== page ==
Wiring Work Delays Roll Over Milestone for Shuttle Discovery

A wiring issue has apparently delayed NASA's plan to rollthe space shuttle Discovery over to the massive Vehicle Assembly Building (VAB)in Florida next week.

NASA space shuttle officials had hoped to roll Discovery outof its Orbital Processing Facility (OPF) and into the VAB on March 22, where itsexternal tank and solid rocket boosters already stand assembled.

But in a status report released Friday, NASA officials said additionalwork was needed to address wiring issues in Discovery's payload bay and landinggear doors. Shuttle officials now hope the orbiter will be ready to roll out ofthe OPF between March 26 and March 28.

Shuttle engineers apparently first spotted the wiring issueon Discovery's sister ship Endeavour. Fasteners were found to be chafing tubingaround the wires, leading technicians to inspect Discovery's wiring as well.Those inspections are now complete and engineers are expected to remove somewire trays aboard Discovery and install chafe protection in upcoming days, thestatus report stated.

Discovery's STS-114 mission is slated to be NASA's first shuttle to fly since the 2003 Columbia accident. The mission has a currentlaunch window stretching from May 15 to June 3.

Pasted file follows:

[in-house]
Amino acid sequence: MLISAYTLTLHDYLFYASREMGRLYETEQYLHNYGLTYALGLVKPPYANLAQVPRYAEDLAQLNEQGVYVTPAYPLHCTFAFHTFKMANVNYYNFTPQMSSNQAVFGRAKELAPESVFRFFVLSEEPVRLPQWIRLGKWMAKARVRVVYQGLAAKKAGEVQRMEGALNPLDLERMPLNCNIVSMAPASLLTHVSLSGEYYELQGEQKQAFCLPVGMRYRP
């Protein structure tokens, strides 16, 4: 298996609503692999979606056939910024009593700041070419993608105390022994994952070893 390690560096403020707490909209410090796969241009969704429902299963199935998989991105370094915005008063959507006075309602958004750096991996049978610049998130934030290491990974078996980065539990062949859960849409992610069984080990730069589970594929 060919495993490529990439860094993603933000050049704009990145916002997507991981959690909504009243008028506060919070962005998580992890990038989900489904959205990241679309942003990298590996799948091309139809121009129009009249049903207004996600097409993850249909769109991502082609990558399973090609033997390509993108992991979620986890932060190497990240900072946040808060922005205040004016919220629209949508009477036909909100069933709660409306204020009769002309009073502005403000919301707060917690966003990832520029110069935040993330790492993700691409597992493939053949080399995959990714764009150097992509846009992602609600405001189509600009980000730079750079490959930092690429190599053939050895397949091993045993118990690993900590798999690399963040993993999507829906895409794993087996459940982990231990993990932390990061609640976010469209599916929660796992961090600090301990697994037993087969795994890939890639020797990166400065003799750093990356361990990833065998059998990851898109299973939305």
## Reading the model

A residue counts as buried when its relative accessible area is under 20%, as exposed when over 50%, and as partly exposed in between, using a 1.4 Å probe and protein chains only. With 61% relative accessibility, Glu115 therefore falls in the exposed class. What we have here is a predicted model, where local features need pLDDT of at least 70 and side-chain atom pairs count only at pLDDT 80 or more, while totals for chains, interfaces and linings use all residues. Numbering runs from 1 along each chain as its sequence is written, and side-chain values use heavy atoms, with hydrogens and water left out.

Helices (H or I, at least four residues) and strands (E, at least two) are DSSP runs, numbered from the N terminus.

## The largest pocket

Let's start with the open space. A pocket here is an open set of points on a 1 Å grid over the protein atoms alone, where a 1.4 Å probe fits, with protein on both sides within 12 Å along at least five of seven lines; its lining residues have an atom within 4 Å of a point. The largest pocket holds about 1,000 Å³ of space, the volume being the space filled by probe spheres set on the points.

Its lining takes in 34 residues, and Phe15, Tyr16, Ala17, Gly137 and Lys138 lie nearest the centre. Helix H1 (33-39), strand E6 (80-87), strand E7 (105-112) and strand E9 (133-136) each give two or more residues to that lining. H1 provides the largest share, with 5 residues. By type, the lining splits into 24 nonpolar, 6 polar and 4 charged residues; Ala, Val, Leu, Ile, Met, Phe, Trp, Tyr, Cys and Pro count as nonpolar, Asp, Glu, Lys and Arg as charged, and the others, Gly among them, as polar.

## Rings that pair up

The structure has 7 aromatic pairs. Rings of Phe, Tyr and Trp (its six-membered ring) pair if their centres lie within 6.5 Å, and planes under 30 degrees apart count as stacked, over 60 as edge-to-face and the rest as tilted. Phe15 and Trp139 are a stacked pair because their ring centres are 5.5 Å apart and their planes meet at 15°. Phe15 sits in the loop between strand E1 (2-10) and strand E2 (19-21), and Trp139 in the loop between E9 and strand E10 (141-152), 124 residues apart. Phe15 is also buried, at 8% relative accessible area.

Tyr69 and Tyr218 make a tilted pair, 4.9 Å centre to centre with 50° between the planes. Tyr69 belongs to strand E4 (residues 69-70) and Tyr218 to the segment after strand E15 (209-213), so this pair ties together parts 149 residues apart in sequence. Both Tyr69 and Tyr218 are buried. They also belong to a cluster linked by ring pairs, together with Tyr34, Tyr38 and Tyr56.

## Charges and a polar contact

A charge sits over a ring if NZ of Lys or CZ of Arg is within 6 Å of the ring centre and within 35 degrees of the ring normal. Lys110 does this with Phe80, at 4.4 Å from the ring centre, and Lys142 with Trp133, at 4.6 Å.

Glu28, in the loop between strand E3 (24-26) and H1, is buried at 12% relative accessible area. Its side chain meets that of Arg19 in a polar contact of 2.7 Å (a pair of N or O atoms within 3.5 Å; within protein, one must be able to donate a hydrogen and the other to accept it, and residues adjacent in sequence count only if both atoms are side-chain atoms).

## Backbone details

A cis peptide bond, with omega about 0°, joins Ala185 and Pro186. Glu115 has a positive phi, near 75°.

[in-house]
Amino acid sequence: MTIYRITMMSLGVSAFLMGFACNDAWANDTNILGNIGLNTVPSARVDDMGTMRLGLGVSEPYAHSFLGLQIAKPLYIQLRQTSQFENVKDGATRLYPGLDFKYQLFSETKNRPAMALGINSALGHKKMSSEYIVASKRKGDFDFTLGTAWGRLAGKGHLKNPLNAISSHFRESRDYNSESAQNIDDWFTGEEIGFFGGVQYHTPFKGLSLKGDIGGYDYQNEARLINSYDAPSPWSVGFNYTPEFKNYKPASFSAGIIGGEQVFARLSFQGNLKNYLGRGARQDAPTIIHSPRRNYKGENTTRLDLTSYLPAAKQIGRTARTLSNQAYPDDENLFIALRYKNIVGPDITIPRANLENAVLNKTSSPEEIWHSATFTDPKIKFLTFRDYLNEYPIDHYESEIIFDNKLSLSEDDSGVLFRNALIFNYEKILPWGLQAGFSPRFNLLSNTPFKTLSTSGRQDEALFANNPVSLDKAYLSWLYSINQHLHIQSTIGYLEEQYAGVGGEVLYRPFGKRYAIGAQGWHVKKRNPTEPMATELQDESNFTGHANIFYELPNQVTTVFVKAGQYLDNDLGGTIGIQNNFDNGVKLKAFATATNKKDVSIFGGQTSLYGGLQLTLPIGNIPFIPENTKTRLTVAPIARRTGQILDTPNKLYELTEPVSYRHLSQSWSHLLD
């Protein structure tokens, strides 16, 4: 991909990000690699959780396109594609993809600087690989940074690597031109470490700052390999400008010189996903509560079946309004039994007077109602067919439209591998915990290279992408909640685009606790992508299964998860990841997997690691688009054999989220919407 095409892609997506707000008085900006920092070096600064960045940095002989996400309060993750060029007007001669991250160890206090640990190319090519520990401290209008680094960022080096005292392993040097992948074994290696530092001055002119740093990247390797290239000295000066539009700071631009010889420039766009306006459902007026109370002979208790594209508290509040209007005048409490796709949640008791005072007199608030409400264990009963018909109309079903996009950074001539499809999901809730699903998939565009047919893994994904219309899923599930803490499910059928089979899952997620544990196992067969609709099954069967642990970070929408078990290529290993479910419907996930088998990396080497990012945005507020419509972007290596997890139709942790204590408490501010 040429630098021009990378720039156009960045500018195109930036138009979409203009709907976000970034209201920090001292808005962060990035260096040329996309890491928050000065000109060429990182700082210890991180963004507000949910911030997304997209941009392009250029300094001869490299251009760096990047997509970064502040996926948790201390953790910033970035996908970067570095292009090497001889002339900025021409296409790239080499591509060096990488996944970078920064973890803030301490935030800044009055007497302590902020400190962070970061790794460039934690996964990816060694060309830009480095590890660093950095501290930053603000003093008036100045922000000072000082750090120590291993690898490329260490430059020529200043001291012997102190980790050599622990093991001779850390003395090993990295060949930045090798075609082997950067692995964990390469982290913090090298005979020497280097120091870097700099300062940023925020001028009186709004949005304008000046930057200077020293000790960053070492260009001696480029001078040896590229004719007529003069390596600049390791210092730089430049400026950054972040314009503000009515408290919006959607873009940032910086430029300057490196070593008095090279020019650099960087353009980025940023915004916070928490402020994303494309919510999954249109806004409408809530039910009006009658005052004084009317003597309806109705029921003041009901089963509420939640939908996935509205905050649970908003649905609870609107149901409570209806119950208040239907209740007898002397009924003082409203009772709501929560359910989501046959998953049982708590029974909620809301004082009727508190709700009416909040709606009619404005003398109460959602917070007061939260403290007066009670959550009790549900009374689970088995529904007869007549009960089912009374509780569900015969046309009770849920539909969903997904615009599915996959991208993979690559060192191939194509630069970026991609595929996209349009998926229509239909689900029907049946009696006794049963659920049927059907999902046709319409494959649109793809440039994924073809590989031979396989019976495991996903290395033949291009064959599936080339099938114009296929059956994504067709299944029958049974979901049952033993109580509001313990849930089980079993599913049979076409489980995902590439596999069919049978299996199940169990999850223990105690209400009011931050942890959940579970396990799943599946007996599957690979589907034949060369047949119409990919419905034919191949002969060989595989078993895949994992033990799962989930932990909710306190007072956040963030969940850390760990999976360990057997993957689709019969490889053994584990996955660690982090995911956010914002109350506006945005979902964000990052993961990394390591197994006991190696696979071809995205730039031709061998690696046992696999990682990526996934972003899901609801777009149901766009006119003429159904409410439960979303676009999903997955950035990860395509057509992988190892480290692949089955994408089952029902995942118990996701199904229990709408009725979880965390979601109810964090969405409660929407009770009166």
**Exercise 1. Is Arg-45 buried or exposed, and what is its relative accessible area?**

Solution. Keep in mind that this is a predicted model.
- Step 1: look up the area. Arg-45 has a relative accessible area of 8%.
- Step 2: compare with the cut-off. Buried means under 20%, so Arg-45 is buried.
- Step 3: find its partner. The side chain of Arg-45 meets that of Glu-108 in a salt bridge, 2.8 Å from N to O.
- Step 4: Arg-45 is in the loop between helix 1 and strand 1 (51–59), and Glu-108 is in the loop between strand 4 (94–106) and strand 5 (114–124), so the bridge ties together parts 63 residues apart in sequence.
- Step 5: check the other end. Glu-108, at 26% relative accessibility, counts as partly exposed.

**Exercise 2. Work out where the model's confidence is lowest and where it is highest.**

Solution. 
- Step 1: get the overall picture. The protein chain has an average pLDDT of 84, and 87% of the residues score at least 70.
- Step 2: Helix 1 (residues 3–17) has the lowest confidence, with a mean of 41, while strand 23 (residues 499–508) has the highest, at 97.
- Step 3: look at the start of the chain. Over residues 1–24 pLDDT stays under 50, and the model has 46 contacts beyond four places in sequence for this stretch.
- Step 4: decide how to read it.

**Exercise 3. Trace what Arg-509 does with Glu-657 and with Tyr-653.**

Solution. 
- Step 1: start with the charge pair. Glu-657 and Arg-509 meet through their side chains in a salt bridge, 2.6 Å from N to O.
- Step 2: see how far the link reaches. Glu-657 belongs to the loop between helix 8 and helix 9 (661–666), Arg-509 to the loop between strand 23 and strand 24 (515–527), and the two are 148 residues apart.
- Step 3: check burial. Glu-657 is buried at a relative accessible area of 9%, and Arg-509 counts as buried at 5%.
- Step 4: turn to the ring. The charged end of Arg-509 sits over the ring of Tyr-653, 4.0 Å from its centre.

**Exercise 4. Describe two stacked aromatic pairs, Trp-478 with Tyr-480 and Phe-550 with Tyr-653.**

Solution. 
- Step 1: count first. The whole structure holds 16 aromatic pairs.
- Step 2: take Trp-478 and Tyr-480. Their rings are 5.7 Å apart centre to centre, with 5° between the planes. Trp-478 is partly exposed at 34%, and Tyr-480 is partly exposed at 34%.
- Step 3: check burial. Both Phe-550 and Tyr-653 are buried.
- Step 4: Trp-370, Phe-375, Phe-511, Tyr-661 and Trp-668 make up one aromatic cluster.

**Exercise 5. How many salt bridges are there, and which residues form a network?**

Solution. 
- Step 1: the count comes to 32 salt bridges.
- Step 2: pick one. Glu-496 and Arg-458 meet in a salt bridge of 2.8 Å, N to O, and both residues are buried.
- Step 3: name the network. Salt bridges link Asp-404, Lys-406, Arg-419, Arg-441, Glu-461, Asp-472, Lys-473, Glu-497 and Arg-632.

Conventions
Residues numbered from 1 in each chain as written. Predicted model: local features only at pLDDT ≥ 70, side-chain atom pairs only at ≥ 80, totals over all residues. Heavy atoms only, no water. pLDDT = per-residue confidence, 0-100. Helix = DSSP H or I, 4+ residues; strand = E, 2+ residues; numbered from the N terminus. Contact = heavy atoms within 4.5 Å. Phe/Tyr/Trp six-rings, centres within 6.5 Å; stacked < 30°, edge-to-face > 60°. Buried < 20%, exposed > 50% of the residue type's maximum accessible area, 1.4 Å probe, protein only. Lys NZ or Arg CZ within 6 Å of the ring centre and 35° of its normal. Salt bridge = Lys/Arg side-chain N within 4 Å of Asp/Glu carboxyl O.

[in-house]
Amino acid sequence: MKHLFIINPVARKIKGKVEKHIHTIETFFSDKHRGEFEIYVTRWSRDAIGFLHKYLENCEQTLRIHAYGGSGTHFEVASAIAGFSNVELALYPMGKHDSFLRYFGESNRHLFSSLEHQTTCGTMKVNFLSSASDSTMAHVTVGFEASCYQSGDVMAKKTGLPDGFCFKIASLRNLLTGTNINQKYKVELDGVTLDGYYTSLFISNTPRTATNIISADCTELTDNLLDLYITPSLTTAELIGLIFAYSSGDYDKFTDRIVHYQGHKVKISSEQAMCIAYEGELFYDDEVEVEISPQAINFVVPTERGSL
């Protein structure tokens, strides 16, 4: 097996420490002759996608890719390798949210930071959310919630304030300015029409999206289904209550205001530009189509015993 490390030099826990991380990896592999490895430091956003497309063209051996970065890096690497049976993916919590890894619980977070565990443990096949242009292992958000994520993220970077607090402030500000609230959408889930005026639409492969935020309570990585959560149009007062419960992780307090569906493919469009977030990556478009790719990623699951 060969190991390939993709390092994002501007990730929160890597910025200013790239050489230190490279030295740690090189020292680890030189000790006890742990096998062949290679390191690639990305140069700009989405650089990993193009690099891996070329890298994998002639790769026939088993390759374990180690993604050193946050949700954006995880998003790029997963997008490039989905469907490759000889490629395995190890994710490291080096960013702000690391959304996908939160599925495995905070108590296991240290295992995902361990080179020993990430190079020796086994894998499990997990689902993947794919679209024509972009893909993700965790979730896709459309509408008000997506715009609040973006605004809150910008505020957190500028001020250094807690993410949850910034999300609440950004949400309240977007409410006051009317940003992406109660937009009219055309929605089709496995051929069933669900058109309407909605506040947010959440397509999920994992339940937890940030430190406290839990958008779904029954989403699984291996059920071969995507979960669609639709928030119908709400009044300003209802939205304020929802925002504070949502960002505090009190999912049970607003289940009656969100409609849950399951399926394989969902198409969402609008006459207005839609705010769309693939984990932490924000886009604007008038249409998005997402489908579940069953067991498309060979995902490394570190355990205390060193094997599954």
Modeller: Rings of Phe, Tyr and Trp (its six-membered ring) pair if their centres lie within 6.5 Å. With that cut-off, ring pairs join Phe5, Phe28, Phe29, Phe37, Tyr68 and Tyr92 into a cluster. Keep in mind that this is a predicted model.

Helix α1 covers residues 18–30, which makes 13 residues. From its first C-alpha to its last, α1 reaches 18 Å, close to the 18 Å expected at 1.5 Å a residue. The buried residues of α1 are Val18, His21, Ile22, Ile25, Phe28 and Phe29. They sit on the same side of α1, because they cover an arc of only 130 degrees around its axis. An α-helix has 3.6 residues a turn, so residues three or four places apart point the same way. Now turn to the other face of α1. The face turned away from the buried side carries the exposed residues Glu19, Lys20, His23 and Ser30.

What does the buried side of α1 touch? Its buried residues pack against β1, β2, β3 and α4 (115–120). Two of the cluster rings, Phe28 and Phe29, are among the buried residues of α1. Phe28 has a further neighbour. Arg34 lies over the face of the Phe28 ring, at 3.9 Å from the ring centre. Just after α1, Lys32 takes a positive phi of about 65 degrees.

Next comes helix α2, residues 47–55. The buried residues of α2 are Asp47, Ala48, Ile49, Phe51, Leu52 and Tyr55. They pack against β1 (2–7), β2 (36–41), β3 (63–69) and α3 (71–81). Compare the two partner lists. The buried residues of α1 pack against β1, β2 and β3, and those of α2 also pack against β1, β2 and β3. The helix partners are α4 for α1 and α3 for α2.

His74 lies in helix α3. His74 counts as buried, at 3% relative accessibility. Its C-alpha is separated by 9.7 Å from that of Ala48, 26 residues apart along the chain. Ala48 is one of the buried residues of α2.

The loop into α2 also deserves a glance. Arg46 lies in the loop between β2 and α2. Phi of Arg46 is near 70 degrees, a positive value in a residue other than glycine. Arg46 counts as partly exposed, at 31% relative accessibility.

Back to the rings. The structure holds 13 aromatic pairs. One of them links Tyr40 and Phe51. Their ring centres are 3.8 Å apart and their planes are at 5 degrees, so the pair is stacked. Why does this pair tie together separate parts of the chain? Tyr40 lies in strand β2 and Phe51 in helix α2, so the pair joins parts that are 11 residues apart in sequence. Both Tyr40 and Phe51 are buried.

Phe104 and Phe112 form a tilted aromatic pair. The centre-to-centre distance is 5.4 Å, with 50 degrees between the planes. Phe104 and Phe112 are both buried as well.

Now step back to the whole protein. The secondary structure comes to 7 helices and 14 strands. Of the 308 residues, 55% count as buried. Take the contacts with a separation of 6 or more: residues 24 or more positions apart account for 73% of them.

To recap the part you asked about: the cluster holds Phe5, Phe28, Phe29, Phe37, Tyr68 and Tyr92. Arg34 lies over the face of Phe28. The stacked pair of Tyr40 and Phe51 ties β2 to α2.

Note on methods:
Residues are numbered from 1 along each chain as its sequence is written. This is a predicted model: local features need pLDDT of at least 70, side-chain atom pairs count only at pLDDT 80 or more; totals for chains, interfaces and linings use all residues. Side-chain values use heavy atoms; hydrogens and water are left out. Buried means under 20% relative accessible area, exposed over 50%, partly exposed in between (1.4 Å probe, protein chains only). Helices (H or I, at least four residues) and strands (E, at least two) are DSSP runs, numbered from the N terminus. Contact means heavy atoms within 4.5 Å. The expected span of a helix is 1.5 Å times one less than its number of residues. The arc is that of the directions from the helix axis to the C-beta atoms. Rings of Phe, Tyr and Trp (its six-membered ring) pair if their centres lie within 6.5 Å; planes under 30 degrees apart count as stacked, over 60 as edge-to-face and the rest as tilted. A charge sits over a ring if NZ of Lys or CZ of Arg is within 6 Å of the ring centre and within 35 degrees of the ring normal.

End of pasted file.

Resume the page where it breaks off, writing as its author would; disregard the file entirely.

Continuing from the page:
Despite the wiring delay, STS-114 mission managers are stilltargeting that launch window, NASA spokesperson Jessica Rye told SPACE.com.It should take about seven days to attach Discovery to its external tank andsolid rocket boosters once the orbiter arrives at the VAB, she added.

NASA officials have repeatedly stressed that theirreturn-to-flight operations are driven by reaching mission milestones ratherthan adhering to a schedule. Discovery's roll over to the VAB, and subsequent rollout to the launch pad, are among the mission's next major milestones.

Other upcoming milestones include the hatch closure for Raffaello,a payload bay-mounted cargo container that Discovery will deliver to theInternational Space Station (ISS). That hatch closure is currently set formid-April, NASA officials said.

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Tariq Malik
Editor-in-Chief

Tariq is the Editor-in-Chief of Space.com and joined the team in 2001, first as an intern and staff writer, and later as an editor. He covers human spaceflight, exploration and space science, as well as skywatching and entertainment. He became Space.com's Managing Editor in 2009 and Editor-in-Chief in 2019. Before joining Space.com, Tariq was a staff reporter for The Los Angeles Times covering education and city beats in La Habra, Fullerton and Huntington Beach. In October 2022, Tariq received the Harry Kolcum Award (opens in new tab) for excellence in space reporting from the National Space Club Florida Committee. He is also an Eagle Scout (yes, he has the Space Exploration merit badge) and went to Space Camp four times as a kid and a fifth time as an adult. He has journalism degrees from the University of Southern California and New York University. You can find Tariq at Space.com and as the co-host to the This Week In Space podcast (opens in new tab) with space historian Rod Pyle on the TWiT network (opens in new tab). To see his latest project, you can follow Tariq on Twitter @tariqjmalik (opens in new tab).